In its statement, Hostess explained that it has instituted “a monthly gift card program through June for its bakery workers,” in addition to “freezing planned medical healthcare benefit premium increases for 2020-2021 for all U.S. employees” and “granting unpaid leaves of absence to any worker who is not comfortable working during the outbreak and requests leave.”  

Dennean Paul, a sanitation worker at Bimbo, said that the company had promised an additional $2 an hour as hazard pay, but “something went wrong and they didn’t give it to us.”

In an email statement, a Bimbo spokesperson said that the company is following all Centers for Disease Control guidelines and “have implemented additional measures to ensure associate safety” at the Cicero plant, including “increasing social distancing practices like staggering breaks, creating one-chair tables in the break rooms and marking the floor in areas where associates often congregate, like time clocks, to remind them to keep a 6-foot distance.”

Bimbo said that it is also requiring “all associates in our Cicero bakery to wear face masks which have been provided by the Company” and is increasing the “frequency of our sanitation processes and provided additional tools to our sanitation teams.”

Paul, whose job is to sanitize the production line, acknowledged that the company has staggered breaks and marked floors. In addition, she said, social distancing is practiced in “public areas, where our front door is, and where HR and vendors and guests come in, but once you get into the plant, there is no social distancing, because we have to work close to each other. Sometimes, we’re working shoulder-to-shoulder.”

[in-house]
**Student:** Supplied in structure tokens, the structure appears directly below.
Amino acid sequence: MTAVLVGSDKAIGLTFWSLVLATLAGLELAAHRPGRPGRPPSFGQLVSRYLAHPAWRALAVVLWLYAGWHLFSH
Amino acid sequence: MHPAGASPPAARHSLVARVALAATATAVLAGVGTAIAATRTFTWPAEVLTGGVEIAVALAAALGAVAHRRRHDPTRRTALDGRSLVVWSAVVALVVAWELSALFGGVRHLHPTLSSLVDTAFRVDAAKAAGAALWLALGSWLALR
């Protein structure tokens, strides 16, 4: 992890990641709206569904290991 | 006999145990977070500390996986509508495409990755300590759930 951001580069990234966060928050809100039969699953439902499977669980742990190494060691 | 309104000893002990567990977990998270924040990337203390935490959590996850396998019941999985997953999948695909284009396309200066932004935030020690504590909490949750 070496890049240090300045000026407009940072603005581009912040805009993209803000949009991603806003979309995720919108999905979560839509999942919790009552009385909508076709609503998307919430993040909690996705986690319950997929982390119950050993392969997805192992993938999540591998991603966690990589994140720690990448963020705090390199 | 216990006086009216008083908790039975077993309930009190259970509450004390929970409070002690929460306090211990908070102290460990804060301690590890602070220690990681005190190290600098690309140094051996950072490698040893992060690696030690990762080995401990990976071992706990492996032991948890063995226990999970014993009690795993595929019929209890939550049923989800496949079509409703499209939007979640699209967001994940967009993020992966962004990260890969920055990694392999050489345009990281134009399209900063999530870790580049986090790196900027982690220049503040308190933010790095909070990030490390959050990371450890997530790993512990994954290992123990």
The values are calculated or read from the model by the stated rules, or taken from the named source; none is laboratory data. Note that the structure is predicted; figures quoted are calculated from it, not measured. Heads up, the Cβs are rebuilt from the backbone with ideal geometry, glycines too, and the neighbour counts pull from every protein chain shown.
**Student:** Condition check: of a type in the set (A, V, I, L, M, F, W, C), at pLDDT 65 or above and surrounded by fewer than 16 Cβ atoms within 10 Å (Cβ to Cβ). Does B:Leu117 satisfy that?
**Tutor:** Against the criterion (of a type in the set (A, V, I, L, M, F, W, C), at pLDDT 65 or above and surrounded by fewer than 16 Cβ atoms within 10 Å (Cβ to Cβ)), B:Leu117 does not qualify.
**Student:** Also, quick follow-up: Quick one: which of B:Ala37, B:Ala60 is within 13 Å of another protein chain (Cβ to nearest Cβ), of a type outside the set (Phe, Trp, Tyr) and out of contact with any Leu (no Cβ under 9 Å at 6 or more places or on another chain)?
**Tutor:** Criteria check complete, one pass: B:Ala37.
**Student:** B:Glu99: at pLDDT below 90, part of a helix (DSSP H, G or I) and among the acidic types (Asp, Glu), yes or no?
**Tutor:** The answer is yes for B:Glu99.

Paul said that “we have gloves, but no masks,” adding that only supervisors and managers have face masks, and most of their offices are at the front of the building, not in the plant.” She also said that although management “was checking temperature for two days, then stopped.”

 Bimbo’s spokesperson said that the company checks the temperature “of any person before they begin work” and does not permit to return to work “if they have a temperature of 100 or above.”

 Paul, who is quoted and named in an article published by a local online media outlet in Cicero,  said that she fears that management will retaliate. She said that one worker who spoke to the news outlet has already been terminated.

 “He said, ‘I’m getting fired for freedom of speech,'” Paul said.

Steve Robinson, the president of the Northwest Austin Council, a West Side social service organization, said that he and other employees, including members of Black Workers Matter — a labor advocacy organization started by West Side workers and that includes employees at the Bimbo and Hostess plants — have in recent weeks approached management at the plants to discuss the problems. 

“We want them to at least enforce social distancing, create a temperature checkpoint and get masks — at least pay people to buy their own,” Robinson said. “We also reached out to say, ‘If you want workers to stay loyal, at least offer them hazard pay.’ These things are kind of getting swept under the rug. What are people going to do with $100 gift cards if they’re sick?”